Your Department’s Role
In March of 2000, the Faculty Senate TA Oversight Committee issued Guidelines for Departmental/Program TA Training. The guidelines ask departments and programs to have in place an orientation, supervision, feedback, and teaching development program for TAs and to designate an Academic Council faculty member to oversee the TA training program.
VPTL works with faculty and departments to design, implement, assist with, and evaluate programs that prepare new TAs for their teaching roles and support all TAs as they carry out their teaching responsibilities. VPTL offers the following services and resources to assist departments with their TA training efforts:
- Hiring: when you hire TAs and RAs, you and they need to follow Stanford procedures and policies. Get an overview of them at our page New to Teaching at Stanford?
- TA training grants to help you develop your training program
- Annual TA Orientation each September
- Microteaching sessions for your TAs to practice their teaching and get feedback. Our trained consultants lead a two-hour session in which 3-5 TAs give 4-minute talks, have themselves video-recorded, and give and receive feedback.
- Feedback on teaching through class observations and video recording
- Mid-quarter feedback, through Small Group Feedback Sessions (SGFSs) and online feedback surveys
- Workshops on teaching, including regular offerings each quarter as well as by request
- A training program for department-based teaching mentors through the Mentors in Teaching (MinT) Program
The literature on TA training recommends the following principles of program design:
- The training should focus on the specific kind of teaching expected of TAs in the department, while also preparing students more broadly for their future careers.
- Experienced TAs should play an active role in designing and running the program.
- The program should solicit regular feedback from TAs, especially in its early stages.
- TAs enter training programs with different levels of skill and experience. The program should acknowledge these differences and offer something to students at every level.
- The department should support its program with a healthy climate of respect for teaching.
In 2008, the Teaching Assistant Oversight Committee (TAOC) conducted a study of the departmental TA training programs in place at Stanford and concluded that they were most effective when they included some or all of the following structures:
- Orientation/training seminars at the beginning of the year or quarter for new TAs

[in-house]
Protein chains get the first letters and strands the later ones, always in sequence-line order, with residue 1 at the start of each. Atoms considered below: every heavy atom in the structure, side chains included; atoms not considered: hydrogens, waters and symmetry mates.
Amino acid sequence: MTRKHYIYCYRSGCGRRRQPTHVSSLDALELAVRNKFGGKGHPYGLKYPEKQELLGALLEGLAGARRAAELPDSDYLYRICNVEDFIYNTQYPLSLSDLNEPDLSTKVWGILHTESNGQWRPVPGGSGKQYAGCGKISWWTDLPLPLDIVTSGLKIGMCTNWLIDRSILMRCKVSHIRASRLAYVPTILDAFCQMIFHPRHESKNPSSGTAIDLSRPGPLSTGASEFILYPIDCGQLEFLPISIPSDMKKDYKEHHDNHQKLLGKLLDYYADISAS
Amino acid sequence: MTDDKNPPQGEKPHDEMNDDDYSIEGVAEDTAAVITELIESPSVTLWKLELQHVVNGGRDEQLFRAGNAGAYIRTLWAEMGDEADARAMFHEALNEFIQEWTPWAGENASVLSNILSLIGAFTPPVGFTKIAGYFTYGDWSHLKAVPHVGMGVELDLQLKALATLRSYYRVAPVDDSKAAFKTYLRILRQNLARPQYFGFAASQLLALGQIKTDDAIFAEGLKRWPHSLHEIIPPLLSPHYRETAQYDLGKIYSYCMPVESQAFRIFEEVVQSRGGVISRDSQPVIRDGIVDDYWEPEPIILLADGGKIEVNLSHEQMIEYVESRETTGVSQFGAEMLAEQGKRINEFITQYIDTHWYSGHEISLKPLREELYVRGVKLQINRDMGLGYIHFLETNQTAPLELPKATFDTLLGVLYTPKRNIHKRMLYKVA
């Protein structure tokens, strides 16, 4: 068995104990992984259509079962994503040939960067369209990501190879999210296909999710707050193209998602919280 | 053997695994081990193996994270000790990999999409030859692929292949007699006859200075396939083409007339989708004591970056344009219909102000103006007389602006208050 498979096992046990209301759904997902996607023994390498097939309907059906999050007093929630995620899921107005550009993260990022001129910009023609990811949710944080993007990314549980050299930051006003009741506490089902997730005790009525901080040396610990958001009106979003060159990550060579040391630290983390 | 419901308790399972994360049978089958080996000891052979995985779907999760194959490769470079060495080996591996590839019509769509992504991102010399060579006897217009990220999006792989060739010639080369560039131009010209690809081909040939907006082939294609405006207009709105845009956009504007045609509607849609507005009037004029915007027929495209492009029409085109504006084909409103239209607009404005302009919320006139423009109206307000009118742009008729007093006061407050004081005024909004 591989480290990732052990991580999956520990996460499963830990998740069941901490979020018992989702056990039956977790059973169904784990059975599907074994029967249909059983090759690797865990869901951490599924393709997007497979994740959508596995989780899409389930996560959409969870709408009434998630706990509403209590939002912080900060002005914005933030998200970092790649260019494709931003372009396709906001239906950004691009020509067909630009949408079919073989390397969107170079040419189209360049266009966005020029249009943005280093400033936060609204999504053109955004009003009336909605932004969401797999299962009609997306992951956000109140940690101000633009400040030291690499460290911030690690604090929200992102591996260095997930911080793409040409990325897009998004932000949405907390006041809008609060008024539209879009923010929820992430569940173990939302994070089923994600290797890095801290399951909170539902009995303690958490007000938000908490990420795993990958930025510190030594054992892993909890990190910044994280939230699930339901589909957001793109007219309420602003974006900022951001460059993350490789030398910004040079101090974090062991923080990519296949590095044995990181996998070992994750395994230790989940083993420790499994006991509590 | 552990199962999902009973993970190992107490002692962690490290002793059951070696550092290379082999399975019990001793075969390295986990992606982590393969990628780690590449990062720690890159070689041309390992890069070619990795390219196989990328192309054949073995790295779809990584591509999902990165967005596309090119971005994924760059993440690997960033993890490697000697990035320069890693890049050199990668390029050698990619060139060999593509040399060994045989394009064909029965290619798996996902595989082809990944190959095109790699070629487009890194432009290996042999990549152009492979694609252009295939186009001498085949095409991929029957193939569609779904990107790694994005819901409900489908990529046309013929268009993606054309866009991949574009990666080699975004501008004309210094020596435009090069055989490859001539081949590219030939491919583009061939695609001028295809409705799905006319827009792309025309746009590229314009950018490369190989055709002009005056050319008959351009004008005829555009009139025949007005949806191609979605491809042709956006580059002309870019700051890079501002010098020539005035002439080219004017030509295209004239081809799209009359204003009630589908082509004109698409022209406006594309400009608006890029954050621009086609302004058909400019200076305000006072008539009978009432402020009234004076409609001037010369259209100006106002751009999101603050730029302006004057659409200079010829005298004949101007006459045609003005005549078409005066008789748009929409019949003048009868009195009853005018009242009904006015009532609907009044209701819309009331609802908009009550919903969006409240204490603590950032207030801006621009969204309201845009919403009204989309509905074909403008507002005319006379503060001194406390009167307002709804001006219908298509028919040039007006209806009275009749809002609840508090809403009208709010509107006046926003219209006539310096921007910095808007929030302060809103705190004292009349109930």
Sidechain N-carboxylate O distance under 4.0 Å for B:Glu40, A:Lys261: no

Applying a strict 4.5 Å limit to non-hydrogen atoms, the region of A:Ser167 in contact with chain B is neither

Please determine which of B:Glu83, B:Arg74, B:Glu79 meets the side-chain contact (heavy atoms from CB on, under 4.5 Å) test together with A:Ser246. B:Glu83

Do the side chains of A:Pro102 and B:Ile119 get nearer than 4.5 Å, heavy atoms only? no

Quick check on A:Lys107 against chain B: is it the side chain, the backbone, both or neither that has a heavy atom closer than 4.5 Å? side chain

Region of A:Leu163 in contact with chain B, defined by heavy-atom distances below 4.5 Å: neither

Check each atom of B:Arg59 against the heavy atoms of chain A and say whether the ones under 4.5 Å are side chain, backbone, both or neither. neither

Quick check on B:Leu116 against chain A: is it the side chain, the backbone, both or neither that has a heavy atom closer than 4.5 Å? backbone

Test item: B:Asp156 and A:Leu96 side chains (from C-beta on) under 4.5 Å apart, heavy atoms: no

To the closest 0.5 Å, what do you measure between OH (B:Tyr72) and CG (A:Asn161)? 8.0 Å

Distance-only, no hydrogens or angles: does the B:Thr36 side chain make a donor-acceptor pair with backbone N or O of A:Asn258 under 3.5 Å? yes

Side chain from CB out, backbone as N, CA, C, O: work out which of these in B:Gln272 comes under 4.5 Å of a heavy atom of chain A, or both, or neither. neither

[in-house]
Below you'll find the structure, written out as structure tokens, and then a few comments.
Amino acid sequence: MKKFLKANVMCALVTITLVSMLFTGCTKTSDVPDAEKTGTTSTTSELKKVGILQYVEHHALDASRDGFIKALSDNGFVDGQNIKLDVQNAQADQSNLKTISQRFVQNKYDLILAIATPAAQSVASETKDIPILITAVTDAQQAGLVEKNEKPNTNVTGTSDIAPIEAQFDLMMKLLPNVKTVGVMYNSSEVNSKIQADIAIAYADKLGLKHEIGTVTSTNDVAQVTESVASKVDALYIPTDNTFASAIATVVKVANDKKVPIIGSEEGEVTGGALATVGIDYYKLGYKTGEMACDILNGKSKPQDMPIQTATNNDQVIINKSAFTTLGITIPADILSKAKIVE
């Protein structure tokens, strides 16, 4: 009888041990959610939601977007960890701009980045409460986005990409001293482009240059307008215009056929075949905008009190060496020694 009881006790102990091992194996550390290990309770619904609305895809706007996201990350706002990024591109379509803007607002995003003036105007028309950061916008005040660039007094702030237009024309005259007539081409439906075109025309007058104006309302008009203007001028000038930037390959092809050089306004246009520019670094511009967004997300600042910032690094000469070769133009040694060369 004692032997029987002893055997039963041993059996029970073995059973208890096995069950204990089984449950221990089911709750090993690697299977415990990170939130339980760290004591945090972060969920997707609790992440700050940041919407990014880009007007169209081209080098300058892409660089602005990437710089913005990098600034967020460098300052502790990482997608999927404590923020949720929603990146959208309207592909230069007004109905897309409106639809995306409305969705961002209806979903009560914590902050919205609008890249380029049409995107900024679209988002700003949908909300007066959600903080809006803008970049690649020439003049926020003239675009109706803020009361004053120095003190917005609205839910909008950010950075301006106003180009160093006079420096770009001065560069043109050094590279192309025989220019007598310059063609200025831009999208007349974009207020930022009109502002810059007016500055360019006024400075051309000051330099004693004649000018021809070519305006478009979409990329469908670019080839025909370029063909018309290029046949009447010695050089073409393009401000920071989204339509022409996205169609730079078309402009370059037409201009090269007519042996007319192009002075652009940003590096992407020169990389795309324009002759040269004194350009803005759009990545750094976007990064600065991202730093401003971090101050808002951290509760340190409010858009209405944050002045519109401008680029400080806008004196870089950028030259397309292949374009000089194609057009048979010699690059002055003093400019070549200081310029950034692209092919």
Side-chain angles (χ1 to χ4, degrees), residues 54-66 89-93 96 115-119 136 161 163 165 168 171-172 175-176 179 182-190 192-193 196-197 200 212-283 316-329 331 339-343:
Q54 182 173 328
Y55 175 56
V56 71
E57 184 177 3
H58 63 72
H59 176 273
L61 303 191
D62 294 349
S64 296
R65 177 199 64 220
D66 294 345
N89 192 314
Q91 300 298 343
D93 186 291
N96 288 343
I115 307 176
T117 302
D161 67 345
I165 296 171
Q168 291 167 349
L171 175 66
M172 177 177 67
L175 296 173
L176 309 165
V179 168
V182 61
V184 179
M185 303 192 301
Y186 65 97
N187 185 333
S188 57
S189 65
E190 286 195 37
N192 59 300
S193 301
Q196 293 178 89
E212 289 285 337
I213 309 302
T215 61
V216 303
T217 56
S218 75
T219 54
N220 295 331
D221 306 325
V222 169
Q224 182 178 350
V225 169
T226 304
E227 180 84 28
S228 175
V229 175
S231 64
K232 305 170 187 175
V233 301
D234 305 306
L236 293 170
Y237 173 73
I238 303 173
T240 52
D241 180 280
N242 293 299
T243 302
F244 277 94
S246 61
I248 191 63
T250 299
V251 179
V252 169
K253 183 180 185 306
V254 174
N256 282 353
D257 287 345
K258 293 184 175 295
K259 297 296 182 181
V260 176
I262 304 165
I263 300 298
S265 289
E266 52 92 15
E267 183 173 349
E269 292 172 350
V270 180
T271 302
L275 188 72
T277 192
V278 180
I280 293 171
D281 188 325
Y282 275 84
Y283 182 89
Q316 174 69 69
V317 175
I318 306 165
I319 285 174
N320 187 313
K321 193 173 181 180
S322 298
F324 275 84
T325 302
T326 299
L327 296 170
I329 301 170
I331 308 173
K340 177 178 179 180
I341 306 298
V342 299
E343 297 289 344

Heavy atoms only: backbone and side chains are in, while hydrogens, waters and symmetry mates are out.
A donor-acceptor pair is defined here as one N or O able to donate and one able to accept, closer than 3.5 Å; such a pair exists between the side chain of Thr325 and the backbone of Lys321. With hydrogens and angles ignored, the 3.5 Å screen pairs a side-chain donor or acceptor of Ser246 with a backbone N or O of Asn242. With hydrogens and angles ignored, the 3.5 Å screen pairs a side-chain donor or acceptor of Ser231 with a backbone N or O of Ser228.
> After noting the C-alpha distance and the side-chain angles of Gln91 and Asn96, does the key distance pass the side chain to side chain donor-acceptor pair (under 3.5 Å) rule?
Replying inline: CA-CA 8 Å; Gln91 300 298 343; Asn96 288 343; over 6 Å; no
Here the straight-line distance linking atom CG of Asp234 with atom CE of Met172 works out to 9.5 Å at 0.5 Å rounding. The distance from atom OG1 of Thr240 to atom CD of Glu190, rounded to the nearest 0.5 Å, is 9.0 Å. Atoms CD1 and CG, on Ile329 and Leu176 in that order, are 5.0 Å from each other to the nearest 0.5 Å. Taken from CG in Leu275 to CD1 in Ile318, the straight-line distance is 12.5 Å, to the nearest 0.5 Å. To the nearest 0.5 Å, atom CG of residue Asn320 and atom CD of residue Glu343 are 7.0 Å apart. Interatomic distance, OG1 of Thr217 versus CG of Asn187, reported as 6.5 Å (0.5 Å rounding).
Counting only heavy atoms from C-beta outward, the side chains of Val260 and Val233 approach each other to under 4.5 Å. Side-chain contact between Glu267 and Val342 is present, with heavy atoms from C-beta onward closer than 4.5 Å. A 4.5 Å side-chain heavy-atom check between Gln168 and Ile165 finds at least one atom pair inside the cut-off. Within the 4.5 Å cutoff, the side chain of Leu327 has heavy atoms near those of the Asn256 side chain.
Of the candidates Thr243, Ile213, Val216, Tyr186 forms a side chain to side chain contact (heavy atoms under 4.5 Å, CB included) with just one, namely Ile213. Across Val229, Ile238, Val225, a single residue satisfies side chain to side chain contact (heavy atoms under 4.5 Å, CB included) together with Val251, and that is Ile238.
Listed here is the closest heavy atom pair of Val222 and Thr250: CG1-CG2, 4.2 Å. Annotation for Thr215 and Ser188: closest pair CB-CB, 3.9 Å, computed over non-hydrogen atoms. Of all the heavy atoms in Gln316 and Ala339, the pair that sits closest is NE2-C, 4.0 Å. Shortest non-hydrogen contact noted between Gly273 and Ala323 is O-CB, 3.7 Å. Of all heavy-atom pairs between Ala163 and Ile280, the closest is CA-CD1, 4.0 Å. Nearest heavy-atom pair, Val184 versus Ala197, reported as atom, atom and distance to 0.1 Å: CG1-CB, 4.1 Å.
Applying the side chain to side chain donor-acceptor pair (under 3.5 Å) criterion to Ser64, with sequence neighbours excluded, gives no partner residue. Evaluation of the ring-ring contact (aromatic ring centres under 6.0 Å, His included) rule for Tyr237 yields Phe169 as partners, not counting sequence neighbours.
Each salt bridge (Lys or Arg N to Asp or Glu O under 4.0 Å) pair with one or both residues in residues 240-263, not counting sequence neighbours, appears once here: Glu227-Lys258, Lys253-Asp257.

- A pedagogy course or opportunities for ongoing discussion with peers and faculty during the first year of teaching
- Opportunities for TAs to be mentored by faculty or peers
- Opportunities for practice or simulated teaching
- A midterm or formative TA evaluation, as well as an end-of-term or summative TA evaluation process
- A customized departmental TA handbook, online or in print
- An archive system for TA training materials and courses
- Professional development opportunities
- Customized presentations by VPTL staff
What’s Working in TA Training
The following sections present examples effective TA training practices in action in various departments and programs on campus. We hope these examples will inspire ideas for TA training in your department or program. VPTL offers TA training grants to support departments or individual faculty that wish to develop a new teaching assistant training program or to enhance an existing program:
TA Handbook and Guide Examples
- Computer Science
- East Asian Languages and Cultures TA Handbook
- A Practical Guide for Teaching Assistants in English Courses at Stanford
Pedagogy Course Examples
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- BIO 296: TA Training in Biology, by Jamie Imam
- CEE 200: Teaching in Civil and Environmental Engineering, by Stephen Monismith
- CLASSICS 302: Workshop on Teaching in Classics, coming soon
- COMM 301: Communication Research, Curriculum Development and Pedagogy, by Jeremy Bailenson
- DLCL 301: The Learning and Teaching of Second Languages, by Elizabeth Bernardt
- EARTH 218: Communicating Science, by Jenny Saltzman
- EDUC 213: Introduction to Teaching, by Sarah Wischnia
- EDUC 297: Teaching and Learning in Higher Education (VPTL 297), by Mariatte Denman and Tom Ehrlich
- EFSLANG 692: Speaking and Teaching in English, by Seth A. Streichler
- ENGLISH 396L: Pedagogy Seminar I, by Alex Woloch
- ENGR 290: Graduate Environment of Support, by Noe Lozano and Tom Kenny
- HISTORY 305: Workshop in Teaching History, by Nancy Kollmann
- HISTORY 306K: World History Pedagogy Workshop, by Martin Lewis and Karen Wigen
- LINGUIST 394: TA Training Workshop, by Beth Levin and Bonnie Krejci
- MUSIC 280: TA Training Course, by Nate Sloan
- PHYSICS 294: Teaching of Physics Practicum, by Chaya Nanavati
- PHYSICS 295, Learning and Teaching of Science (EDUC 280, ENGR 295), by Carl Wieman
- RELIGST 391: Teaching Religious Studies, by Steven Weitzman
- SOC 300: Workshop: The Art and Joy of Teaching, by Lauren Benditt and Emily Carian